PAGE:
it’s clear to everybody what is going to be delivered by when.

We recommend that managers step back and let workers

figure out how to organize their own time and tasks.

It’s something that we talked about in the future of work report,

which we call time sovereignty, which is just a very fancy term.

Time sovereignty is a fancy term for really

just having control over your own working time.

Gets into another area that, that I do a lot of work on.

You control your work schedule.

You decide how you’re going to manage your time because

time for a teleworker is not like time in the office.

Why is it different? Because time in the office is

structured in blocks, very clear blocks.

You come to the office, you start work,

you take a coffee break or a tea break or whatever,

then you work another block, then you take a lunch break or whatever.

This could happen to any time of day or night,

even if you’re a night worker.

Whereas telework by its nature is I call it chorus. Why that?

I mean, it’s not structured in these very clear blocks.

You might get up and you might start working right away.

For me, I check my emails before I even make

coffee or have breakfast in the morning.

I do an initial email check before I do anything else.

[background noise]

-Done, that’s a school run done.

We started teleworking because of the pandemic.

I realized that the way I’d been doing things before,

I had a work hat on when I was at work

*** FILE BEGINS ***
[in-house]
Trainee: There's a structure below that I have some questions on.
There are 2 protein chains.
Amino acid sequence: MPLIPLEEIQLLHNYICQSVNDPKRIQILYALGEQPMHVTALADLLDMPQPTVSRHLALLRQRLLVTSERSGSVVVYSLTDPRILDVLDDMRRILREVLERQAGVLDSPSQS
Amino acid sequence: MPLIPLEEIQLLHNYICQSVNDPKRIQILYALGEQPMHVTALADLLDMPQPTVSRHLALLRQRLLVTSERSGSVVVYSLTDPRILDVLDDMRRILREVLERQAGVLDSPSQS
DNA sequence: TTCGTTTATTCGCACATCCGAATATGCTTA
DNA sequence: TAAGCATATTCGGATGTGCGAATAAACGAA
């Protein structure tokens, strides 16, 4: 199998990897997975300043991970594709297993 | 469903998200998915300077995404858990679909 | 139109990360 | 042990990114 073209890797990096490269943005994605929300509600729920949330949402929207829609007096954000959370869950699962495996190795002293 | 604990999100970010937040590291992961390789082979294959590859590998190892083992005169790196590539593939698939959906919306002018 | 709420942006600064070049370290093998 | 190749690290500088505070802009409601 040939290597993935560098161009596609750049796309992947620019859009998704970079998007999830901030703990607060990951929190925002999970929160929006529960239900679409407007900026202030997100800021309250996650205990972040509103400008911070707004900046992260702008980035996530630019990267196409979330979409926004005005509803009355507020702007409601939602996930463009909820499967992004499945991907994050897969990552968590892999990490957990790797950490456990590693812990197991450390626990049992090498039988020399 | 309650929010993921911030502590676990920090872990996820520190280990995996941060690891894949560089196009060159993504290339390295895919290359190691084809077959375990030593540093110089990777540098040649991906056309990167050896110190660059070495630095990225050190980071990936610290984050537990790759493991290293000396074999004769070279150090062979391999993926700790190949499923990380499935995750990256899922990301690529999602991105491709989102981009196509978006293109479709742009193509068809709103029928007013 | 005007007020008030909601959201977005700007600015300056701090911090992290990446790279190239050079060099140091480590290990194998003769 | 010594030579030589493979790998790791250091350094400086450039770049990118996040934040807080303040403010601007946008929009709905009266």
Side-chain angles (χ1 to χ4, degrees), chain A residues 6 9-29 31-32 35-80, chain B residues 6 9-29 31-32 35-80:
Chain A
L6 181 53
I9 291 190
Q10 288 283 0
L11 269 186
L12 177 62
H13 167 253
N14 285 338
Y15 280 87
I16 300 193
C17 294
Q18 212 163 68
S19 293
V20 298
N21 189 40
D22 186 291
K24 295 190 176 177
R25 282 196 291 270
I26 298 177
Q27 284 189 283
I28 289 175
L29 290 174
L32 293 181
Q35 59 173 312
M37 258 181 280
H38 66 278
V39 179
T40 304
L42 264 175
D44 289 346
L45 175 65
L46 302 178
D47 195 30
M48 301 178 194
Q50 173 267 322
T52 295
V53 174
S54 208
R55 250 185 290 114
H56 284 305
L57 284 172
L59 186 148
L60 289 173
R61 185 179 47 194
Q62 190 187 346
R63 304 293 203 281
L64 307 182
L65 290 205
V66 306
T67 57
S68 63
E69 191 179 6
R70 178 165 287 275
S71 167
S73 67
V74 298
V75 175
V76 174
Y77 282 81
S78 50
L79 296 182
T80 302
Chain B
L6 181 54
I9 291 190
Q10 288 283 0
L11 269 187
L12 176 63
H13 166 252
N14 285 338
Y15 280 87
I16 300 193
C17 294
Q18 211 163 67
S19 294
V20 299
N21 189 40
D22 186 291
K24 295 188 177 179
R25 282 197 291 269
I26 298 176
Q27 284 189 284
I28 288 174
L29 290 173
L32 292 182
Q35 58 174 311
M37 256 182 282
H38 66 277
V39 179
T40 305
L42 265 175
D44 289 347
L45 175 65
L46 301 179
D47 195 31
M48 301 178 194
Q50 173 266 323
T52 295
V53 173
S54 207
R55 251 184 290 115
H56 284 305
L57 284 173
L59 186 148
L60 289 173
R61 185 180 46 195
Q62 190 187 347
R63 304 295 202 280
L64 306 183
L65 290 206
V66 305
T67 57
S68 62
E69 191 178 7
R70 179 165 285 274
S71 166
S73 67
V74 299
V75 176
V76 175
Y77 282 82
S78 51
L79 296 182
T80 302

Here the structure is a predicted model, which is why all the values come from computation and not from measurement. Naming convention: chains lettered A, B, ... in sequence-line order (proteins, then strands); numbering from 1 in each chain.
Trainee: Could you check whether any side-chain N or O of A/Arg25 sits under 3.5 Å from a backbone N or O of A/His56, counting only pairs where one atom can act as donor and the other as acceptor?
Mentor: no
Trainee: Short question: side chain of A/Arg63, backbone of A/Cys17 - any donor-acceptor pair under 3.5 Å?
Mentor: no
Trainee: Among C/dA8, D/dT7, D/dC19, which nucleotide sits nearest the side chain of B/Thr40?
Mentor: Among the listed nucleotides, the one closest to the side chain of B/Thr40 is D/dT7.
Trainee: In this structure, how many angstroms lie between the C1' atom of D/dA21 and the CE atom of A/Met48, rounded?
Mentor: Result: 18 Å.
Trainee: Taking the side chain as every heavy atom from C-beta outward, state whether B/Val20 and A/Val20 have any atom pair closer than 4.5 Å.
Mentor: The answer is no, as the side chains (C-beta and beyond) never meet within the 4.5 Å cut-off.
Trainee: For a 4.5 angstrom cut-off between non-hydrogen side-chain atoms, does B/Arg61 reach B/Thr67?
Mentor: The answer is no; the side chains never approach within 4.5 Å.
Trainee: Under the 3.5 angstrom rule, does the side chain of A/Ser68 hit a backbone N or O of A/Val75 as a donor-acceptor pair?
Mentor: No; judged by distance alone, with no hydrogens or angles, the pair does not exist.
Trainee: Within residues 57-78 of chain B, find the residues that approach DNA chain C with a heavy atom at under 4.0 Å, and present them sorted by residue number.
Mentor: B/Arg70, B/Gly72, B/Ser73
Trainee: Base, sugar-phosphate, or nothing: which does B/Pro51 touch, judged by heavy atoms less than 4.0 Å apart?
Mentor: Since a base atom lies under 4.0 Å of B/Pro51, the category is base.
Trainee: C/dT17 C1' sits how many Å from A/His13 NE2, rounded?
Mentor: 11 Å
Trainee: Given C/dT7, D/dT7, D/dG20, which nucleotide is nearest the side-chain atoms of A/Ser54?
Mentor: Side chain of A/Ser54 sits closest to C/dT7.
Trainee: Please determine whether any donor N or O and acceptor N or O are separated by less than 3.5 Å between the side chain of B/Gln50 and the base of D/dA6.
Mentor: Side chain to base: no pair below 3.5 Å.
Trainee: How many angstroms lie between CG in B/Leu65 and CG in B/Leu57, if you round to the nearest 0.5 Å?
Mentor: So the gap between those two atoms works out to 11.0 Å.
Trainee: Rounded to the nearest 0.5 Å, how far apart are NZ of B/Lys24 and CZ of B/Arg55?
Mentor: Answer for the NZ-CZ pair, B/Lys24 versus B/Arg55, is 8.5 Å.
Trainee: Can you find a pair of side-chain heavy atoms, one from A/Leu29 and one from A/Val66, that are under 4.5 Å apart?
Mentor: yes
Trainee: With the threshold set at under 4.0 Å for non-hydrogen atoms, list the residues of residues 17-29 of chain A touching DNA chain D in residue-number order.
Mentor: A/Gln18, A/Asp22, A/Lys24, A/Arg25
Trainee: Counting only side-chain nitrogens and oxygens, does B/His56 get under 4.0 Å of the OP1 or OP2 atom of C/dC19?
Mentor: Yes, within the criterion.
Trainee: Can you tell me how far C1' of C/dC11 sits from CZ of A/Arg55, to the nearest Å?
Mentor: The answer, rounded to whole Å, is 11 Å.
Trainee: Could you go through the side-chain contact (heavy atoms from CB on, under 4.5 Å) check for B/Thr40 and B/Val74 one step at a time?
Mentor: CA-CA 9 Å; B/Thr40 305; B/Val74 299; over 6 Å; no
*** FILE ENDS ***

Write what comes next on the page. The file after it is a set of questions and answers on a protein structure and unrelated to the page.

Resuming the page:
and my mommy hat on when I was at home.

All of a sudden, the two were at the same place at the same time.

It was really confusing for me.

It was an interesting experiment

to suddenly be doing both at the same time, but it’s like anything.

It takes practice. Once you’re in it, you’re doing it and it’s fine.

Now, I’m used to it.

At first, it was really tricky when the kids were home

and doing homeschooling because of the pandemic.

Now that they’re back at school, it’s totally doable.

Actually, I really, really like it.

The downsides of teleworking is that it’s sometimes

it’s really hard to-- the lines get blurred.

When you’re working and when it’s personal time,

when it’s off time, and really it ends up being

up to you to be disciplined about-- [crosstalk]

-You see this porous. You’re going from

your work tasks to personal activities.

If you did what we call a time diary study,

you would see how porous it is.

It’s just the nature of the beast is that you have way more

of this blending of work and non-work activities and one

actually has to be very careful about it.

-I was going to ask you, Jon, because you’re always telling us about

putting making borders between these blocks.

-Each person has to put their own border around it.

That’s the tricky part.

Call them boundary management strategies.

Boundary management first requires

that there be some broader framework.

It can be a national framework.

It could be a sectoral framework.

It could be an organization level framework,

but you need some overall framework to start

with rather than just kind of the wild, wild west.

Otherwise, you could end up working all the time.

The greatest danger with telework isn’t that you will underperform,